Home has changed from a place into the only place we have come to know, where the idea of work and rest blend together. The nuance of home is no longer only a place to unravel, unwind, and rest, but rather a place that has been taken hostage by the busyness of work and uncertainties of the pandemic.
For non-essential employees, students, teachers, and housewives, eight weeks of scrambling for a new normal has bled into eight months, with no immediate end in sight, pushing people to utilize homes in different ways to serve the unfamiliar territory of the pandemic.
After the COVID-19 outbreak, the safest place has become the home, where everything is under watch and control. Residents at nursing home centers long to go home, to the place of comfort, where the familiar smells and sights serve as a reminder of refuge and rest. However, it seems the reach of the disease has spread even to the safest corners of the home.
From city to city, stay-at-home orders were mandated. Curfews were set with consequences if they were not obliged. People were required to quarantine within their homes due to lockdowns and orders from the state. With no end in sight of the work-from-home requirement, the boundaries between work and home have almost entirely disappeared.
“Home was its own entity, a place to shed work and rejoin family. Now, home is family + work + school + fortress. There’s no escape or separation from anything else,” high school English teacher Vanessa Averbach said in an email.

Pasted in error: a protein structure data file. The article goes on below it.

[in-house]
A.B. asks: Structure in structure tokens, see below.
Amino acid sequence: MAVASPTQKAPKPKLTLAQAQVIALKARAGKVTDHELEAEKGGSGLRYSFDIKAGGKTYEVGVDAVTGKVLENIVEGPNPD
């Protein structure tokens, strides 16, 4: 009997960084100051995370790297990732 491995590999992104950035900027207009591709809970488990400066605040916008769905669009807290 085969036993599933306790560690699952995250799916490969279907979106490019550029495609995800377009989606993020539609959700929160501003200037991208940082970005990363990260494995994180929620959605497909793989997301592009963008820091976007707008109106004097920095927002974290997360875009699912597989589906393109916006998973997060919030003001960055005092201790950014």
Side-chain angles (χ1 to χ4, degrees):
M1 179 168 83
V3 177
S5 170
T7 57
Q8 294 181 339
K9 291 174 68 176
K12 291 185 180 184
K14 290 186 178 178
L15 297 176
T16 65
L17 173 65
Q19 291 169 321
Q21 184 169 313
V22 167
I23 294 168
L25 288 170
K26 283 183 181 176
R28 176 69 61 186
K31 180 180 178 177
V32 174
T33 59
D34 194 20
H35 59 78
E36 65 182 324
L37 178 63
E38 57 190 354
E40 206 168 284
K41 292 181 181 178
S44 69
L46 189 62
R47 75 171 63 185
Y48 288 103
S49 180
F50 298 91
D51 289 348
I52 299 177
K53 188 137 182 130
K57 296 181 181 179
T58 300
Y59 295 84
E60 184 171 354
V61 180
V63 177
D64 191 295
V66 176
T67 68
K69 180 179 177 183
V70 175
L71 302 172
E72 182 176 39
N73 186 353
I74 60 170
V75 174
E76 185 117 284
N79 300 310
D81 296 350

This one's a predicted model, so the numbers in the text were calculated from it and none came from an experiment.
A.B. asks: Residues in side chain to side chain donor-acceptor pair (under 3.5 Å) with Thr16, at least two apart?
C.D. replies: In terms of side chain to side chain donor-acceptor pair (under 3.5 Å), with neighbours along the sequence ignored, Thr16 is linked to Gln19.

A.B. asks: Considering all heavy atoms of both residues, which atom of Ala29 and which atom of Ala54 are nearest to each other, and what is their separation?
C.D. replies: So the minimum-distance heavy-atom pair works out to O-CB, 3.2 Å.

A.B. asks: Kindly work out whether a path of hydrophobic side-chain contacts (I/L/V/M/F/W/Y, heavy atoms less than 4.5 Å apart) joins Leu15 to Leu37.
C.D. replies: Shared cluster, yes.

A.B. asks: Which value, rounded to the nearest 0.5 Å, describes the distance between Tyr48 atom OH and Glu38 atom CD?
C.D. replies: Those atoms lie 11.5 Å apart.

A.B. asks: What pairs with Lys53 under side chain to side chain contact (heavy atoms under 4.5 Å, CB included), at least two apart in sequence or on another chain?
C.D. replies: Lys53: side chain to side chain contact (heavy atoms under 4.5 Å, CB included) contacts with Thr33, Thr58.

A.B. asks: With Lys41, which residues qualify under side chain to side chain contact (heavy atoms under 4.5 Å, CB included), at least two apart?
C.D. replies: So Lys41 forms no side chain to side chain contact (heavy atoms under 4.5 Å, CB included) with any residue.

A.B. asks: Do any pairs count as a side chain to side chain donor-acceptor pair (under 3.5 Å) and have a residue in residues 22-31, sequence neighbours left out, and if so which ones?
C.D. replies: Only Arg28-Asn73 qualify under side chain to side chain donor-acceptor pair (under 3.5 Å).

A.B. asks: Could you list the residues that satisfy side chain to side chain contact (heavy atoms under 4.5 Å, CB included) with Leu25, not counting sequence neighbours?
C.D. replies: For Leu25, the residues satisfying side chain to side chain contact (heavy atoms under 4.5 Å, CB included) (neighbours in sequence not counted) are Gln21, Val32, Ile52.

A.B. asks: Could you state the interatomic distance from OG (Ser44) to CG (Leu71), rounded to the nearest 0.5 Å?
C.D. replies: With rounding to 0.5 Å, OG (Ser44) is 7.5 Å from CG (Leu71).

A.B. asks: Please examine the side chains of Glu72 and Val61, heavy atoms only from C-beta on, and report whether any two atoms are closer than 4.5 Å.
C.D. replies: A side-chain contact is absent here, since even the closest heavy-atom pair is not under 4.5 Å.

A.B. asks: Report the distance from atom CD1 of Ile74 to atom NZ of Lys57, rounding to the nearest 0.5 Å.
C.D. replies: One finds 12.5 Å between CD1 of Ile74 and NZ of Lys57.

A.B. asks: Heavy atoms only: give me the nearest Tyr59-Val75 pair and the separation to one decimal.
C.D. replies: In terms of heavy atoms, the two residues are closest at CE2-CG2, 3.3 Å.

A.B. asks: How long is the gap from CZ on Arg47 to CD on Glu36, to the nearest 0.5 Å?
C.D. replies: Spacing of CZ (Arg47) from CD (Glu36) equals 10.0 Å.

After long hours at work, people returned home to find rest and recharge for the next day. The change in environment provided a clear sense of separation from work and rest. The workplace gave people the mentality to hone their focus on assignments and tasks at hand, while at home, the difference in setting allowed people to feel completely relaxed, unguarded, and rested at the end of the day.
As a result of the pandemic, for many Americans, the home has shifted into a dual place of work and rest during the ongoing coronavirus season. Students are required to sit in front of a computer screen all day for both class and assignments, inevitably leading to unproductiveness. Students have become wired to study and rest according to a bell system, providing enough intervals in between to prevent overexertion. However, students have been thrust into an unregulated schedule with expectations for them to swim, when most are unable to even float.
“Additionally, [the inability to separate a workplace and rest place] has caused me to struggle with taking a break, as my body subconsciously continues to work for hours on end without thinking of rest. Because there is no physical school to indicate to myself that I am ‘studying,’ I can find myself at times having to force myself to take a break,” junior Ryan Jackson said.